Dave Wilkes reflects on two years of freedom

“Am I bitter about some of it? Yeah. But then too, I am beyond blessed,” said Montana Innocence Project freed client Dave Wilkes.

Dave was wrongfully convicted in 2008 for the death of his son Gabrielle based on the controversial and unproven diagnosis Shaken Baby Syndrome. Dave was released in July 2018 pending a new trial, but on January 29, 2020, he was freed following a plea deal. Since then, Dave has remained a fierce advocate for innocence issues, namely Shaken Baby Syndrome and mental health barriers facing returning citizens, and is laying low in his new home near friends and family. 

Dave Wilkes sits outside surrounded by trees in the Rattlesnake area of Missoula
Dave Wilkes enjoying the outdoors at the Rattlesnake area of Missoula a few days after his release from wrongful incarceration (Photo courtesy of Dave Wilkes)

On the day of his release, former MTIP Legal Director Larry Mansch and Dave’s brother Tony picked him up from the Montana State Prison. After taking some pictures and a celebratory stop at Cracker Barrel, Dave had to get to work finding a place to live. 

“I had to have a physical address that they could release me to because I was on pre-release again. This was prior to the second trial that would have happened,” Dave said. “Luckily, I was able to get a hold of a rental property in Missoula, and they fast-tracked my application. My brother Tony co-signed for me. And thank God for my brother’s credit because all of my credit was shot, you know, because of going inside.”

Dave lost everything when he was wrongfully convicted including his home. He had to completely start over. Once they found an apartment, Tony and Dave went to Walmart to get the necessities for his new place and other items like clothes. Dave lived in Missoula for a year before, but as soon as the courts allowed it, he moved to Missouri for a fresh start. 

“And here we are,” Dave said. “I own a half-acre. I’ve got an eight-foot by 45-foot Conex. I own two vehicles. Slowly rebuilding, but I’m getting there. That’s pretty much the last four years aside from all of the paperwork.”

Dave is referring to the period of time that he was still being wrongfully supervised by the Department of Corrections on pre-release. He had to regularly drug test and check-in. 

“Which is pretty sad considering that I’m not guilty,” Dave said. 

He was on pre-release because the state was pursuing a new trial. From his release in July 2018 to his plea in January 2020, Dave faced the fear of being locked up as an innocent person again. Just before the trial, prosecutors offered Dave to plead guilty to a charge of child engagement in exchange for time served. Understandably, he took it, despite being innocent of that crime as well.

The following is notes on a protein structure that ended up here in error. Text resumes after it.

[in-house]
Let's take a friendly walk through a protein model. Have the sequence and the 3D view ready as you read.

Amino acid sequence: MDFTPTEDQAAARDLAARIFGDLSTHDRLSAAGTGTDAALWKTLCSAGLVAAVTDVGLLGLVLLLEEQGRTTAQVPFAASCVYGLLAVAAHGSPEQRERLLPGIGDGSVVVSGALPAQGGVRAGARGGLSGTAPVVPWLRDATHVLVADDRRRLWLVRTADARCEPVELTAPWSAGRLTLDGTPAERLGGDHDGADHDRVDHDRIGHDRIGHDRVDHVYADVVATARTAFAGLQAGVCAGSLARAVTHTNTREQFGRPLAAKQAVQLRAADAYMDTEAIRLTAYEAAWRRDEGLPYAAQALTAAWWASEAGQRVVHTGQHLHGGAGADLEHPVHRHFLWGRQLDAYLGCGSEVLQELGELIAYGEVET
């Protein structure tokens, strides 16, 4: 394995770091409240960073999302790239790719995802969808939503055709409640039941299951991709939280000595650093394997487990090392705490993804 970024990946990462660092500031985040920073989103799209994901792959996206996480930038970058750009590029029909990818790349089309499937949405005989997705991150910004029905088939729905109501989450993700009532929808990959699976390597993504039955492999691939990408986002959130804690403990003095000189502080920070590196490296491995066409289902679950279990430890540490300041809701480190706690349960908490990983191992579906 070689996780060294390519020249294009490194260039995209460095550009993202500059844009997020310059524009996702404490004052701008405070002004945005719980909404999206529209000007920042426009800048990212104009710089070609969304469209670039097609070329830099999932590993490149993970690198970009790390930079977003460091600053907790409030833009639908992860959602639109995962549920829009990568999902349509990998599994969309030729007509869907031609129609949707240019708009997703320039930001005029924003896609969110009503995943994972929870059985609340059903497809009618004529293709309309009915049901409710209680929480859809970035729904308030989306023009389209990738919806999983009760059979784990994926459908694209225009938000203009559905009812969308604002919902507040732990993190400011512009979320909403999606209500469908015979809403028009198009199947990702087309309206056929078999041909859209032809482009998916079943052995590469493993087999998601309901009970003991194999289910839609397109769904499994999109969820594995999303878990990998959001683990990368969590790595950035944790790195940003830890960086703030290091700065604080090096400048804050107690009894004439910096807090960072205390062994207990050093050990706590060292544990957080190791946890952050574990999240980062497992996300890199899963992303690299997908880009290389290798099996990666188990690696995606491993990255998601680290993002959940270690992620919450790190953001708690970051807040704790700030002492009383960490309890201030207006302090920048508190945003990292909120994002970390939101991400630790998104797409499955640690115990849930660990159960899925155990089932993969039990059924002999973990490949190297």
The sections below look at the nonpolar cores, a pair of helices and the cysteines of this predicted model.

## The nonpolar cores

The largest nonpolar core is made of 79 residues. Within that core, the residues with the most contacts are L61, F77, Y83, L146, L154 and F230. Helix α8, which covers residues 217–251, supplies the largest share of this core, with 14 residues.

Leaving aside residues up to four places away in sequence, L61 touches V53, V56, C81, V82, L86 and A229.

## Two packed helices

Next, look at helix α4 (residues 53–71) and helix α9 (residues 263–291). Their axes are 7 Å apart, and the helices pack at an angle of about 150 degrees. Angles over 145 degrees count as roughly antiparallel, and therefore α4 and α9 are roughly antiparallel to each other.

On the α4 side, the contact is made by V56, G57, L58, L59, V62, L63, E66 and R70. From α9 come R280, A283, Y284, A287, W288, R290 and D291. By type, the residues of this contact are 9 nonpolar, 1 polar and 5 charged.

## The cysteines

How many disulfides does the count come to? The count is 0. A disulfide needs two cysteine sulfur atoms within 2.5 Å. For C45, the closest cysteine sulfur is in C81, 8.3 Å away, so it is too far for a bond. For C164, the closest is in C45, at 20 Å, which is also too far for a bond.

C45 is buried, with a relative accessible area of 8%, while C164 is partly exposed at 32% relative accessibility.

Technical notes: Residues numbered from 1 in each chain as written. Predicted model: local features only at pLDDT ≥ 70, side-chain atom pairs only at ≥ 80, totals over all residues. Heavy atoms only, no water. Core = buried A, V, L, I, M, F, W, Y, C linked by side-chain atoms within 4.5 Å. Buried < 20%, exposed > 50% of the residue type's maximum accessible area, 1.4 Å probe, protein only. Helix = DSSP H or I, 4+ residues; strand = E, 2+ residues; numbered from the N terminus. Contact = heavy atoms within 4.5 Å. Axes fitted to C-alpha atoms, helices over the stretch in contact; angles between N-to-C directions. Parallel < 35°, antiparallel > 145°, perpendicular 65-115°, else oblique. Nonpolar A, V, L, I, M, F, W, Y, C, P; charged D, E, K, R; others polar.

“That whole thing still leaves a bad taste in my mouth because here’s the thing: I didn’t want to go before another jury, have them hear the same tired horse shit, and have them convict me again,” Dave said. “So I went ahead and took a plea deal that I shouldn’t have, but I was tired. I didn’t know how things were going to play out. I knew I had the truth backing me, but I had the truth backing me in 2008 too, and we see where that ended up.” 

Since being out, Dave has been instrumental in MTIP’s efforts to educate the public about the realities of wrongful convictions. He has participated in multiple events and told his story in several community features. His advocacy efforts were present even while wrongfully incarcerated; Dave was interviewed for the groundbreaking documentary “The Syndrome,” which features scientists and legal experts arguing against the existence of Shaken Baby Syndrome. 

“The biggest reason why I try to pay it forward is, first off, is for my son,” Dave said. “He didn’t get a chance. They didn’t give him a chance. They didn’t give him a chance to tell his story or live his story, and the fact that I am still here, and he’s not…I have to do this. I have to. As a father, as a dad, anybody else that’s gone through this. Any parent that’s gone through this. I know what they feel. I’ve gone through it. I’ve been there. I still go through it. For me, that’s the biggest reason. He didn’t get a chance to utter his first words or say anything, and now I have to be his voice. If I have to be his voice, and my voice, and the unfortunate parents who go through this bullshit, I will do that. … That’s what it comes down to. The people without a voice.” 

When he is not sharing his and Gabrielle’s stories and educating about the causes and effects of wrongful convictions, Dave is enjoying his new life in Missouri. His property is outside of town. Dave said it is peaceful, and whenever he wants some noise, he always has his headphones, which usually have Godsmack, Judas Priest, or Slayer coming out of them. He lives near his other brother Tim, and he loves the community he lives in.

“Yeah, I’ve lost a lot, but to be thankful that I’m back out,” Dave said. “And be thankful that I can enjoy this sunshine out here and not be locked in a cell. Being thankful to make my own choices. I am taking each day as I can. Some are a little rougher than others, but I am still here, and I am remaining free. I’m trying to get back to what I used to be. I don’t know if that’s ever going to happen, but I’m trying.”